Forest habitat diversity is a reflection of geographic location of the forest, as well as the influences of humans on the forest. The broadest definition of a forest habitat is that of a habitat in which trees are a significant component. Natural forests also vary in complexity based on species composition resulting from a combination of environmental factors. A number of classification systems for natural forests have been proposed, but perhaps the most useful is that developed by the Food and Agriculture Organization of the United Nations in the 1970s. This system divides the natural forests of the world into five broad categories:
1. The cool coniferous forests are a circumpolar belt of boreal forests across northern latitudes. They occur between tundra to the north and temperate mixed forests to the south. Conifers are the dominant species in these forests, but they also include a few species of broadleaf trees.
2. The temperate mixed forests are found south of the cool coniferous forests and also are found in parts of the southern hemisphere. Pines and deciduous and evergreen broadleaf trees tend to dominate these forests.
3. Tropical moist evergreen forests are rainforests characterized by high annual precipitation (>2000 mm) evenly distributed during the year. Amazonia, western equatorial Africa, and the Indo-Malayan region are the three main regions for this forest type.
4. Tropical moist deciduous forests are found in tropical regions with 1000-2000 mm annual rainfall and a dry season for 1 or more months. These forests include monsoon forests in Asia where a dry period of 2 to 6 months is followed by heavy rains.
5. Dry forests are found in both temperate and tropical zones where annual precipitation is less than 1000 mm and are low and simply structured wooded areas.
These forest types may be further subdivided according to dominant species types and climatic differences among other factors. Additional forest types can also be recognized, including those heavily influenced by humans, such as urban forests and plantations.
The species of host plants naturally influence the species of phytophagous insects present in a forest. Additionally, human influences affect the species and density of insects in a forest. Forest management in natural forests may involve fire suppression that may favor insects that can exploit shade-tolerant tree species. For example, the fir engraver, Scolytus ventralis, has increased in density in mixed conifer forests of the Sierra Nevada in California because fire suppression has led to a dense understory of white fir, Abies concolar. Regeneration of shade-intolerant pines is suppressed and this in turn leads to an overly dense forest dominated by white fir, Abies concolar. Periodic logging or thinning may result in a build up of insect populations in cut material or associated waste. For example, neglect of forest hygiene following thinning operations in European pine forests may result in an increase in populations of the European pine shoot beetle, Tomicuspiniperda, which subsequently may damage the shoots of standing trees during its adult feeding stage. Clear-cutting and replanting or natural regeneration of forests favors insects that feed in young trees. For example, the pine weevil, Hylobius abietis, is perhaps the most significant forest insect pest in Europe. Adults feed on the bark at the base of conifer seedlings, resulting in seedling mortality. In many locations, any efforts to establish a plantation or naturally regenerated forest must have a management protocol to reduce the impact of this weevil.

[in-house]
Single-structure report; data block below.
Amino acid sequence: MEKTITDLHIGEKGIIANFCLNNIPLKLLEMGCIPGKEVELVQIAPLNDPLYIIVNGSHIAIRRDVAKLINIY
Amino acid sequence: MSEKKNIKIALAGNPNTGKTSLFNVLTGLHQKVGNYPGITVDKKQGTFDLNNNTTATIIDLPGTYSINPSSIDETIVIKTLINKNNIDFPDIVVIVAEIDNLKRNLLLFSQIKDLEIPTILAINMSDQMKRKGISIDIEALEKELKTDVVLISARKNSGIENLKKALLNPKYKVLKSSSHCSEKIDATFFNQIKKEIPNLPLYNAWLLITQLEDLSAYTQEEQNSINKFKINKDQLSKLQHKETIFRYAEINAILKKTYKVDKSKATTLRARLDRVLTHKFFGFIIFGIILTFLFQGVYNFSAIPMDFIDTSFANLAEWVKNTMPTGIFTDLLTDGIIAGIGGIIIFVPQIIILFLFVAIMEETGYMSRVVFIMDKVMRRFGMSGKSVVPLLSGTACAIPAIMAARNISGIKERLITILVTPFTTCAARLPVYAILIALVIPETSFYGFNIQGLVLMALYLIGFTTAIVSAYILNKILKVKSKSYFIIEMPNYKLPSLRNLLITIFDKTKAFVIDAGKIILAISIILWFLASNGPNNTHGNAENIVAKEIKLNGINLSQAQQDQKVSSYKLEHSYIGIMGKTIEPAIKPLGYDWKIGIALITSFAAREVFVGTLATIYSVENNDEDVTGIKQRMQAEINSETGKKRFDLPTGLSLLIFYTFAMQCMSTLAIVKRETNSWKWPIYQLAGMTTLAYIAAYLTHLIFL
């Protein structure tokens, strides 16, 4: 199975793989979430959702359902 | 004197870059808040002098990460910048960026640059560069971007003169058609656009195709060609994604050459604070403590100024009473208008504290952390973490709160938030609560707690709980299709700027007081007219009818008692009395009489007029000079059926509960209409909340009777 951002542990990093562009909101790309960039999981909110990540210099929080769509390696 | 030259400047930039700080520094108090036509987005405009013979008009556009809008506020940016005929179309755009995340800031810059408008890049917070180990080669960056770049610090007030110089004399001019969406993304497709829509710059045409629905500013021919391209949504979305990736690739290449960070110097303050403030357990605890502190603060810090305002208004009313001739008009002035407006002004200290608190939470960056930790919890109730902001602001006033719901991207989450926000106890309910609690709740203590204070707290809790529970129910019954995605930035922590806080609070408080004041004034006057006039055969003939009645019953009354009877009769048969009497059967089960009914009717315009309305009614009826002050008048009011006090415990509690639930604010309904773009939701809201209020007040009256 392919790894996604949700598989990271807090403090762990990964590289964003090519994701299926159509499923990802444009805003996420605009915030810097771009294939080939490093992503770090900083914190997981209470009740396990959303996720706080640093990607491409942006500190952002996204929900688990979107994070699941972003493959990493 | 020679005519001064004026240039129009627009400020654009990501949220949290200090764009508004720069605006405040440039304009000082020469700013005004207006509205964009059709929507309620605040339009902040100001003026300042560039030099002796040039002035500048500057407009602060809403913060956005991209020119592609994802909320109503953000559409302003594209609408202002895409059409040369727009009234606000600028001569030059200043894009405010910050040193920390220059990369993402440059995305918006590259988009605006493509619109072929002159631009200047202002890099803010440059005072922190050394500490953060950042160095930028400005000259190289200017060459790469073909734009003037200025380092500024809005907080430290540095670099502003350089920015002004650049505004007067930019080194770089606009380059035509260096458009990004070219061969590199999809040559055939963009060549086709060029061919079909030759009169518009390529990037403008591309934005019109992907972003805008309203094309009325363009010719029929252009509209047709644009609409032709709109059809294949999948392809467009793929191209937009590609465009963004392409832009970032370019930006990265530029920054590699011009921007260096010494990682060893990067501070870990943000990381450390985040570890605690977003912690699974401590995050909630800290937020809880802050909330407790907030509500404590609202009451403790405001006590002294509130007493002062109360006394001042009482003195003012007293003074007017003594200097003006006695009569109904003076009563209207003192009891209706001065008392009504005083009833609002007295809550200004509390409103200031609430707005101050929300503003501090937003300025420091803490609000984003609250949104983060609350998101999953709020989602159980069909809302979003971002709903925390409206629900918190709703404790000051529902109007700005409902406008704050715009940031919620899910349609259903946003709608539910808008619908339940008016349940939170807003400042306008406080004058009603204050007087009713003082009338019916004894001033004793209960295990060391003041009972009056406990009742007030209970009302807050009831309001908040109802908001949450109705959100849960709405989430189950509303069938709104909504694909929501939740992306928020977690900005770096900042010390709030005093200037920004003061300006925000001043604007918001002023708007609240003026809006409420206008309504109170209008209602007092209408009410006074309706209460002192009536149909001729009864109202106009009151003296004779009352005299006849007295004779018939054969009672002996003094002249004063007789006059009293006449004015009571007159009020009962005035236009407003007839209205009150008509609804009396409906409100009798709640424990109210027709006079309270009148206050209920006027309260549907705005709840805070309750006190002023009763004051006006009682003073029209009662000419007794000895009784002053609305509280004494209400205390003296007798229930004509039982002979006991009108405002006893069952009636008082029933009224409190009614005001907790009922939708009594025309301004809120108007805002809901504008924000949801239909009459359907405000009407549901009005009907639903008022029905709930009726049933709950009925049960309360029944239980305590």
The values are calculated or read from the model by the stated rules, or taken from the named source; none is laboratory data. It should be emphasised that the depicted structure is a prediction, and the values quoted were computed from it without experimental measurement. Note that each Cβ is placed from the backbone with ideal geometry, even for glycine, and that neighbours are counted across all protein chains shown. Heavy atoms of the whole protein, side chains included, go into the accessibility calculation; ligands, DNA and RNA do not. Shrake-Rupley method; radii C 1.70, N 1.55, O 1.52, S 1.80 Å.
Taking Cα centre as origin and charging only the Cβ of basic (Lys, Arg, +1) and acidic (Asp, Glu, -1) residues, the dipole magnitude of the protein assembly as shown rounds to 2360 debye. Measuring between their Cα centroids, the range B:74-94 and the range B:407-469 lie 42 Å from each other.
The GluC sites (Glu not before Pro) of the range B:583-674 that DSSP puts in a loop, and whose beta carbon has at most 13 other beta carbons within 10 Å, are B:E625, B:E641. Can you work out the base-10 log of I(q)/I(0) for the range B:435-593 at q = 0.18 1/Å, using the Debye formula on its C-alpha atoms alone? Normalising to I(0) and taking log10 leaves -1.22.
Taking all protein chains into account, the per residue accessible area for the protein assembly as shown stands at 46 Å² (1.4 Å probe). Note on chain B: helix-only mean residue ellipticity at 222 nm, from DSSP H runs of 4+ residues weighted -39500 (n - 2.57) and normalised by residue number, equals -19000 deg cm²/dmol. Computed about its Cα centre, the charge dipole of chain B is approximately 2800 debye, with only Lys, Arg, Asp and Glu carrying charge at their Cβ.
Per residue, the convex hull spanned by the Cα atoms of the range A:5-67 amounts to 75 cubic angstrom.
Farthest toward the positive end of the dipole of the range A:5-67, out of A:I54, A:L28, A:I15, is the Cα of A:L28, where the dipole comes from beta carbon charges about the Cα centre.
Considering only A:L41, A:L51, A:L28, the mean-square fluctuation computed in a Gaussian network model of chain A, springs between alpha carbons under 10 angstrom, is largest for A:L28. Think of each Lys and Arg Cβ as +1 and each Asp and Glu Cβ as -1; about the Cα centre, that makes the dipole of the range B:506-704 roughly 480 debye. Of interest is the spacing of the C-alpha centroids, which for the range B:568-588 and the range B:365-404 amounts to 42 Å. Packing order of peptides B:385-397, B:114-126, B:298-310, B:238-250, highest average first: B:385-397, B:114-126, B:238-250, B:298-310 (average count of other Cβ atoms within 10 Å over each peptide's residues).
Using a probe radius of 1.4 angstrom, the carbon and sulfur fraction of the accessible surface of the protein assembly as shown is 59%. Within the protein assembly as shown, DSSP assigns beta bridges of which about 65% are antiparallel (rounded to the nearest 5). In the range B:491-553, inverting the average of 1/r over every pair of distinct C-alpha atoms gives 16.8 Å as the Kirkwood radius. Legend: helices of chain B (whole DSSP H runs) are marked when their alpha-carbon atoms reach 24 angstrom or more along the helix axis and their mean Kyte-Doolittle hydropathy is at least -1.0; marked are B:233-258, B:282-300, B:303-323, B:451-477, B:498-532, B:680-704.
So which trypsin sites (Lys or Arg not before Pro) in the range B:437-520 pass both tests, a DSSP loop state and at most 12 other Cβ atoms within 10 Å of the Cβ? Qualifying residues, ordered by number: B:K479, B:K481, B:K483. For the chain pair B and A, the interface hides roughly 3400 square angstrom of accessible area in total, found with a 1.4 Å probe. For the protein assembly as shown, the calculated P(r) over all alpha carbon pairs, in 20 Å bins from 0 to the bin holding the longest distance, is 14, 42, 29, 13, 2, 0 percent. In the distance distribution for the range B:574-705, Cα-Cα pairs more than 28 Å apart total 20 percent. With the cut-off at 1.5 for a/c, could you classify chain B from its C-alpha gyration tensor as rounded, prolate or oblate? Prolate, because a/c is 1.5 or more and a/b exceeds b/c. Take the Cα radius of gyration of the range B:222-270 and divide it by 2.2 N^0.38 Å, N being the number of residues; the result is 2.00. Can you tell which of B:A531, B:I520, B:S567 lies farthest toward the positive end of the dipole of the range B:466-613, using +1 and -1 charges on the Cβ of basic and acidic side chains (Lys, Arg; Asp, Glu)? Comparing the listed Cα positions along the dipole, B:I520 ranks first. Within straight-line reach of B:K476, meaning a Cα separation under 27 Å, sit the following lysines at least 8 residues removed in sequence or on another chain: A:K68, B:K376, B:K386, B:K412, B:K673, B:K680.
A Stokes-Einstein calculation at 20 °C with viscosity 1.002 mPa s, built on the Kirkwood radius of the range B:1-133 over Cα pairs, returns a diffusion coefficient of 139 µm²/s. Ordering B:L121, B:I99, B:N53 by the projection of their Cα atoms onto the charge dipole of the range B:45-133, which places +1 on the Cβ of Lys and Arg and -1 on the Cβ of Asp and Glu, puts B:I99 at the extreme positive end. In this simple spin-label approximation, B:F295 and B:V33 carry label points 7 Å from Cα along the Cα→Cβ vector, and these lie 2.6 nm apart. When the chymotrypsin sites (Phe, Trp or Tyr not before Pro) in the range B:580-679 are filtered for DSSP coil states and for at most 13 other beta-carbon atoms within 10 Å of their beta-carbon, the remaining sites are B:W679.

In human-made forests, the species composition may be very simple, as in monocultures, or more complex, depending on the management goals of the plantation. Age and size classes of trees are frequently very limited. These plantations may comprise native or exotic tree species and may be on previously forested land or on previously unforested land. Perhaps the simplest forest habitat is a plantation monoculture of even-aged trees (such as in Monterey pine, Pinus radiata, plantations in New Zealand or loblolly pine, P. taeda, plantations in areas of the southeastern United States). This habitat is nevertheless very diverse as a result of the array of different ecological niches present on the dominant tree species. Usually, plantation monocultures involve areas of forest that are even-aged and that therefore encounter pressure from phytophagous insects that are adapted to, or more pestiferous during, certain stages of forest growth. For example, the gouty pitch midge, Cecidomyia piniinopsis, is a pest of young ponderosa pines, Pinus ponderosa, in the Sierra Nevada but is less significant on mature trees. Plantation forestry may involve tree species that are not native to the location where a forest is planted. Any insects that occur in these forests, but which were not present prior to the existence of that forest, are therefore introduced. Often these insect populations are not under natural regulatory pressures that limit their numbers. For example, as spruce forests have been planted in areas of Europe, using spruce as exotic species, the European spruce beetle, Dendroctonus micans, has moved westward from Eurasia during the 20th century. Outbreaks of this bark beetle have been most severe at the edge of its expanding range before natural enemies spread or are introduced into the areas now exploited by D. micans. In the creation of new forest habitats, the interactions among the species in the forest are unpredictable, because an essentially novel habitat has been created.
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